…petroleum products and rice still top imports
At a time when commissioning of mega power projects is being deferred, correcting the trade deficit could remain an uphill task because many economic projections has already been made based on the earning from these projects
The country’s trade deficit, excluding trade in electricity, is estimated at around Nu 10B (billion) between January to March this year. Balance of trade with India alone accounts for more than Nu 8.3B of deficit.
A country experiences a trade deficit or negative trade balance if its import bill is more than its export earning.
This was as per the provisional trade statistics for the first quarter of 2017. Bhutan imported commodities worth of over Nu 17B, while its export value (including electricity) was recorded at around Nu 6.9B.
Import bill from India alone accounted for Nu 13.9B and the country export to India was valued at Nu 5.6B.
As for electricity, although exact import and export figures may be known only at the end of the year, the generation during the first three months of the year (January-March) is usually low. This is why the electricity export earned about Nu 549M in the first three months.
However, the country imported petroleum product worth more than Nu 2.3B in the same period leaving a serious deficit in energy trade.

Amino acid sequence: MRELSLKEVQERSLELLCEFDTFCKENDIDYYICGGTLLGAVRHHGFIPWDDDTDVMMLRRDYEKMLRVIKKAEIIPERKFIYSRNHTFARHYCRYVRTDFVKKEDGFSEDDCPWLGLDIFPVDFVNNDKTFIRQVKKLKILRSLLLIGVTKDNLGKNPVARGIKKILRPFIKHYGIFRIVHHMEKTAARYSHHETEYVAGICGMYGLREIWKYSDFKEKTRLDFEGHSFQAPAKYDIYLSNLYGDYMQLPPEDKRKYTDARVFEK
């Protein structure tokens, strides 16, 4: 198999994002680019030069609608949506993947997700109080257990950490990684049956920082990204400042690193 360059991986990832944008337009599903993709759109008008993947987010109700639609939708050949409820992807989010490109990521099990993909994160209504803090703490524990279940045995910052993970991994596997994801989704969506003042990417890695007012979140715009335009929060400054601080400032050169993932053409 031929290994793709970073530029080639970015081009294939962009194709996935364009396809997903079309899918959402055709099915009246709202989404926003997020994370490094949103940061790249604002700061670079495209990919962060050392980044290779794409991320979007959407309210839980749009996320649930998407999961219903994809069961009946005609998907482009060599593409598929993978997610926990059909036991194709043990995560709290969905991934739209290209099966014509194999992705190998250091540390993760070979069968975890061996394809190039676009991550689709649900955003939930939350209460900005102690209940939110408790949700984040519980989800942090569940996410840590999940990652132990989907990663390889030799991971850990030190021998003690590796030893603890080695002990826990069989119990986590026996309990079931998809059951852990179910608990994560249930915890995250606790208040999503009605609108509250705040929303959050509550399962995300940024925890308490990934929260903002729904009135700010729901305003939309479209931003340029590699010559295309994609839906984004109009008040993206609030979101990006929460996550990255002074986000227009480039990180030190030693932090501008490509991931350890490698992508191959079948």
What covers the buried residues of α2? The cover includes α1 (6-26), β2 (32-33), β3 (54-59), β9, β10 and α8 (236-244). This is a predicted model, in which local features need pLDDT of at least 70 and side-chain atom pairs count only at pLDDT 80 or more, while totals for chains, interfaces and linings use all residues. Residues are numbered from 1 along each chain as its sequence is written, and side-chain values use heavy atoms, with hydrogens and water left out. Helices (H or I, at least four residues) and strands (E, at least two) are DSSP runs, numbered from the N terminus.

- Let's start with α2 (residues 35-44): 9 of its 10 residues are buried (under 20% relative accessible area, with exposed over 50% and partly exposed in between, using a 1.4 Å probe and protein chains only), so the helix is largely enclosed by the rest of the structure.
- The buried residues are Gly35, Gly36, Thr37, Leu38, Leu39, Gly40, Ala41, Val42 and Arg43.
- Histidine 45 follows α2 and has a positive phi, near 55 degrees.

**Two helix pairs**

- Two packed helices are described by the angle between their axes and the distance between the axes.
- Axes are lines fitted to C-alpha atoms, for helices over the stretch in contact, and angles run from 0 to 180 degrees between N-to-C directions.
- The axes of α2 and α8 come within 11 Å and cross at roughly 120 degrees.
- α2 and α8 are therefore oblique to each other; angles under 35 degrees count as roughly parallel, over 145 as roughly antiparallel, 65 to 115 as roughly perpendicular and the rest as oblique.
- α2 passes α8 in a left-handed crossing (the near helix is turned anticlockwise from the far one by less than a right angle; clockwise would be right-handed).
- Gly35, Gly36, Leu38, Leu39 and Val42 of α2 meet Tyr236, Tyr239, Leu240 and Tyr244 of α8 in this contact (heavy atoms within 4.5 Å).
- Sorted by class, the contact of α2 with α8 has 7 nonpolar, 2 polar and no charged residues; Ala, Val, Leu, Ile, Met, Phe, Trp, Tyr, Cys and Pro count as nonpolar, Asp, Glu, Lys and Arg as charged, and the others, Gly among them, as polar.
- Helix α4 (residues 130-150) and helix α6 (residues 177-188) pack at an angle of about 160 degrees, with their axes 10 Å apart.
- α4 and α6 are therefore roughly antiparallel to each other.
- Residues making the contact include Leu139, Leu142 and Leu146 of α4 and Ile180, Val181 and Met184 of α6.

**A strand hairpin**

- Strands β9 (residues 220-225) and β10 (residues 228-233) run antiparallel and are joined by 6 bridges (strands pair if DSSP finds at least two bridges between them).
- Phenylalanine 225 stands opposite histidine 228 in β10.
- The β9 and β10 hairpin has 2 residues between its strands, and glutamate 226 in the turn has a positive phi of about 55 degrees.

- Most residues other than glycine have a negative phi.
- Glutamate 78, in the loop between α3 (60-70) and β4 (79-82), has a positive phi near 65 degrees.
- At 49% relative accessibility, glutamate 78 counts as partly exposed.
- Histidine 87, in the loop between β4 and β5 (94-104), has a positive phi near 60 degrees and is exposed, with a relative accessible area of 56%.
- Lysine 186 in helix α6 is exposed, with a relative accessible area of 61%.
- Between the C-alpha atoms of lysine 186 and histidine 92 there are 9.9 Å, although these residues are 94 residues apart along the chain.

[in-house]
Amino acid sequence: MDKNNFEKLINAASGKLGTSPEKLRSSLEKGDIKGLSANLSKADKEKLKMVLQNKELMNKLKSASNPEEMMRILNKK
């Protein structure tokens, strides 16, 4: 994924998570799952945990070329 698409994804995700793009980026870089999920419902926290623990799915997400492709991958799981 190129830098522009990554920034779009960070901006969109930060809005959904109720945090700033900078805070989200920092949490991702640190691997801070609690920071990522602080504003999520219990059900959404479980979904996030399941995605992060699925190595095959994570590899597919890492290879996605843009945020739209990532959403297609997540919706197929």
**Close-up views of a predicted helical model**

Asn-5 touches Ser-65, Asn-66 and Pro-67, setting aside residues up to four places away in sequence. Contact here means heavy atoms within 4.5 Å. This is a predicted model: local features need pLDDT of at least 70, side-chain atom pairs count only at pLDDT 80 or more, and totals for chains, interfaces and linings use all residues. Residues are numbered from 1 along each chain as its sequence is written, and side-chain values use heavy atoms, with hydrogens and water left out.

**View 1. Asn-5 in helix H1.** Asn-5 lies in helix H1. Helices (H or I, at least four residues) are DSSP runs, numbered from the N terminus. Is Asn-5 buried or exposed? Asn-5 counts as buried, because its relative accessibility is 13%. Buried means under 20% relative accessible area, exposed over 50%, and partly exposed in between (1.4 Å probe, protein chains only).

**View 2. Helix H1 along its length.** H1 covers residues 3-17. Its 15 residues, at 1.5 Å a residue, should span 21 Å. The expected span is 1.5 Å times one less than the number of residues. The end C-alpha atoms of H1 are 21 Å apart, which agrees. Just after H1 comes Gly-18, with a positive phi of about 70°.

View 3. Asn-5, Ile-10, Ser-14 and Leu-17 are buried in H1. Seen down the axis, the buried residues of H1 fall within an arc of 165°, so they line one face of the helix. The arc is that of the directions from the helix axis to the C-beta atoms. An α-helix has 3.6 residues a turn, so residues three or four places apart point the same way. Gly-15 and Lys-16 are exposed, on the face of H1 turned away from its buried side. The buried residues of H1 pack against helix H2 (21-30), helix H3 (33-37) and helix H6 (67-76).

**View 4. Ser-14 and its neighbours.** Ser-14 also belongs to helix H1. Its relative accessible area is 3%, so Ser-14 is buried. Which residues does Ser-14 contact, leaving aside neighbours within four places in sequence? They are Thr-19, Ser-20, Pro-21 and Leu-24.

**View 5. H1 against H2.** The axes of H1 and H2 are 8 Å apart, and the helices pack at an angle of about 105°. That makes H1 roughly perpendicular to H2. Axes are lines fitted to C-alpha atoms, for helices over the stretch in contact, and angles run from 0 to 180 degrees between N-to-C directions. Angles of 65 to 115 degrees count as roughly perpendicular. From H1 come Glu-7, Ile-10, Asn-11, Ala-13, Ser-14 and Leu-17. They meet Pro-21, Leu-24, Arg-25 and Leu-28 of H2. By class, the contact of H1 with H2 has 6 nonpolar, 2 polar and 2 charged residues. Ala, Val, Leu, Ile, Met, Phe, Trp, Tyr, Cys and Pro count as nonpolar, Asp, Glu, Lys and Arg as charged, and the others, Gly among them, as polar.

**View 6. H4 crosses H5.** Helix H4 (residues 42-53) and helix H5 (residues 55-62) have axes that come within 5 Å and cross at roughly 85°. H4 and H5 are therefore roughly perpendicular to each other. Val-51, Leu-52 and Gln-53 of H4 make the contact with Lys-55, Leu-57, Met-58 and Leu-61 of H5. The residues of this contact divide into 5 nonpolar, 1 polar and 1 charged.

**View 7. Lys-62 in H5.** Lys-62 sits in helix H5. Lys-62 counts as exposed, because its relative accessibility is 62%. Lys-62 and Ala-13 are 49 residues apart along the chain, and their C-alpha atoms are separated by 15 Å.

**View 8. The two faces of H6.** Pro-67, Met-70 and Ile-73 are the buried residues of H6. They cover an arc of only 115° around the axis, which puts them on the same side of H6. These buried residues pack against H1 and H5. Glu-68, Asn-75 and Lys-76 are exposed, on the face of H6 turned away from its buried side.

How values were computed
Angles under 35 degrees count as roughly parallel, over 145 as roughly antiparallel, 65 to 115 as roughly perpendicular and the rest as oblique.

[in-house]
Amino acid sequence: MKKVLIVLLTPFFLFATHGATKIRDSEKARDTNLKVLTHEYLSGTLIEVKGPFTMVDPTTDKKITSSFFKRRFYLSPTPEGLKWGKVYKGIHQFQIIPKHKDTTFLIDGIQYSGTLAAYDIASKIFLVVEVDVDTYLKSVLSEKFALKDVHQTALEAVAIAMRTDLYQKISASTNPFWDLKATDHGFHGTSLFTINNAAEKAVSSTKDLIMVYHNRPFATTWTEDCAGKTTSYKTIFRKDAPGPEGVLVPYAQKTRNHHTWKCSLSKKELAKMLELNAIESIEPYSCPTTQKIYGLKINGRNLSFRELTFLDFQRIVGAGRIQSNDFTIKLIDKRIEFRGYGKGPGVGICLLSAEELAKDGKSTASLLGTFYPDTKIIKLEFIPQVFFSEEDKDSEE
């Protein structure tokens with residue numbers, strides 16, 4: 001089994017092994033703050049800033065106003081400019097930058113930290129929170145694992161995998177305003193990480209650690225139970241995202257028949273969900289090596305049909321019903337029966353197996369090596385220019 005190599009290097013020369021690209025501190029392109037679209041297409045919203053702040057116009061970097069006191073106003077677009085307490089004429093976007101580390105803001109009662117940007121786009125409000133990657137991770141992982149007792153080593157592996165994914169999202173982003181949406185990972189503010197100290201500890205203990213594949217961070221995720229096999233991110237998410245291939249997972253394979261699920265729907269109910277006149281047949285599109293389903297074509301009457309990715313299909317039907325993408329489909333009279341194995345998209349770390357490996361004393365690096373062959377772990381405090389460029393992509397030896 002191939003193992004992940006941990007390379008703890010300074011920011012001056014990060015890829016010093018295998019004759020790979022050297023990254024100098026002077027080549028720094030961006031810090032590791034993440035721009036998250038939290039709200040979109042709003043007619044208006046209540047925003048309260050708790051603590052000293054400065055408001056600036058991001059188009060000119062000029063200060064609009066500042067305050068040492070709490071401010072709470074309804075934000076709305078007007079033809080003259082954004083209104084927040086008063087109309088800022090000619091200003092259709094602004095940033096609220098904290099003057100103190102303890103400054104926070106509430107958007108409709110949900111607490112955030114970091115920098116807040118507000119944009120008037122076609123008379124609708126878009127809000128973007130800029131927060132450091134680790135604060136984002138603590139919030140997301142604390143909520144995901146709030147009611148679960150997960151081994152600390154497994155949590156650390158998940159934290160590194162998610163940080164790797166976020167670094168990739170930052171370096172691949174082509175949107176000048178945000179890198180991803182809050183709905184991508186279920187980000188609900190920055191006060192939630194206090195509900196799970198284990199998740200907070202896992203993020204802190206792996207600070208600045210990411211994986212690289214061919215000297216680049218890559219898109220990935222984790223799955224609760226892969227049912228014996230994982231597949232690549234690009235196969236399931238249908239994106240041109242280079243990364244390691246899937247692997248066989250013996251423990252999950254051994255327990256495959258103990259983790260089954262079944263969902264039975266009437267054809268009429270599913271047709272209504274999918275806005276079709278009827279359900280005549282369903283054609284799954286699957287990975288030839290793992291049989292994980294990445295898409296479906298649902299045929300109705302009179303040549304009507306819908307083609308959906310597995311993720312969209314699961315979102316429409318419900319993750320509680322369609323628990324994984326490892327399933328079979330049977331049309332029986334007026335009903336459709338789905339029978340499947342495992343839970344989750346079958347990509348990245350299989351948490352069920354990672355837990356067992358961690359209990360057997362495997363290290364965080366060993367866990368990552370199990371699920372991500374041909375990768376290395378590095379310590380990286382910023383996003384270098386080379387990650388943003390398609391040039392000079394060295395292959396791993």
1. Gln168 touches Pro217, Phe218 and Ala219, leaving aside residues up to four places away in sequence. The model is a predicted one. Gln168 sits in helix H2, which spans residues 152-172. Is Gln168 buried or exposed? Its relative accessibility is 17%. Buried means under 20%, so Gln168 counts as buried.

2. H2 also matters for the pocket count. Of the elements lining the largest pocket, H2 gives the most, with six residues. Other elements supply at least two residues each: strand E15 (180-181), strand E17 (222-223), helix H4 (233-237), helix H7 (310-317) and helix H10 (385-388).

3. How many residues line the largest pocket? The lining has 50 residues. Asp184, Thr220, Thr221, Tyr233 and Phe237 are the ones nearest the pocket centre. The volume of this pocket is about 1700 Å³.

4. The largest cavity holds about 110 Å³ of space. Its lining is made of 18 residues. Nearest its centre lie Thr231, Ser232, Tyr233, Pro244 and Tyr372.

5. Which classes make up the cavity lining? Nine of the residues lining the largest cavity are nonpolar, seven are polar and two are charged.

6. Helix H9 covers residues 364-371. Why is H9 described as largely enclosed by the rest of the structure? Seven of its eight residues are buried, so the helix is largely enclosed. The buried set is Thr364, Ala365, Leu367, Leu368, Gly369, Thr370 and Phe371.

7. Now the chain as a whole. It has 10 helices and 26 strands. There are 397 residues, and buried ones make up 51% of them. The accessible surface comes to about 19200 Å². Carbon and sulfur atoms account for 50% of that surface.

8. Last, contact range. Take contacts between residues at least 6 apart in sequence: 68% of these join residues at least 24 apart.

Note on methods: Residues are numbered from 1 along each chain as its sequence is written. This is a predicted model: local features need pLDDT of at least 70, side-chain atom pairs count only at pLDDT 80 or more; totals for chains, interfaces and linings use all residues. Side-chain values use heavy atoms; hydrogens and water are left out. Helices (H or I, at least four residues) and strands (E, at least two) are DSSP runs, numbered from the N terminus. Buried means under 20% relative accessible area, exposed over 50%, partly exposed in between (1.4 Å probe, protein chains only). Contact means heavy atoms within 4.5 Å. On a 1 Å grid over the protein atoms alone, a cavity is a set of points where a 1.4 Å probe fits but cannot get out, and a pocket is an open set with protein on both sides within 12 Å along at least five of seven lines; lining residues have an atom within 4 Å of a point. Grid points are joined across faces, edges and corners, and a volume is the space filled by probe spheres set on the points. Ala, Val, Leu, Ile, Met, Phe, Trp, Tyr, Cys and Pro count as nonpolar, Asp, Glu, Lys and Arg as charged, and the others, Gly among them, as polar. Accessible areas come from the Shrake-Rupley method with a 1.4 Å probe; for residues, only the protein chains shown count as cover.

Rice also forms a huge component of import making it to the top ten list with more than Nu 390M in first three months of the year.
Bhutan’s top export is silicon, which earned the country Nu 2.15B in the first quarter of 2017. This is followed by cement worth Nu 481.7M. However, industrialists are of the view that if counter veiling measures against the Indian GST are not put in place, Bhutan’s export would be seriously hit resulting in deterioration of trade balance.
Figures show that the government’s export promotion drive and import substitution did not so much result in improving the country’s trade balance, which began deteriorating since 2013.
The country experienced a trade deficit of Nu 32.10B in 2016 against Nu 32.80B in 2015. Had it not been for the electricity exports, the country could have felt a deficit of Nu 44.6B.
The slight improvement in trade deficit of Nu 32B last year could be attributed to the increased earnings from electricity export. Without electricity export worth Nu 13.03B, the country could have experienced a deficit of Nu 44.9B last year
Statistics over the last six years (2011 – 2016) show that the country’s imports have increased by almost 38%, while the increase in our exports struggled at less than one third of the import rate.
In 2016, the total imports were at Nu 67.40 billion while export was around Nu 35.30 billion. “Either we have become more consumerist or our production costs were so high,” an analyst said.
Electricity and hydropower remains the nucleus of the country’s trade balance.
The country maintained current account deficit as high as 30 percent of gross domestic product during the last phase of construction of Tala hydropower. However between 2007 and 2008, when Tala was commissioned, the country recorded surplus current account.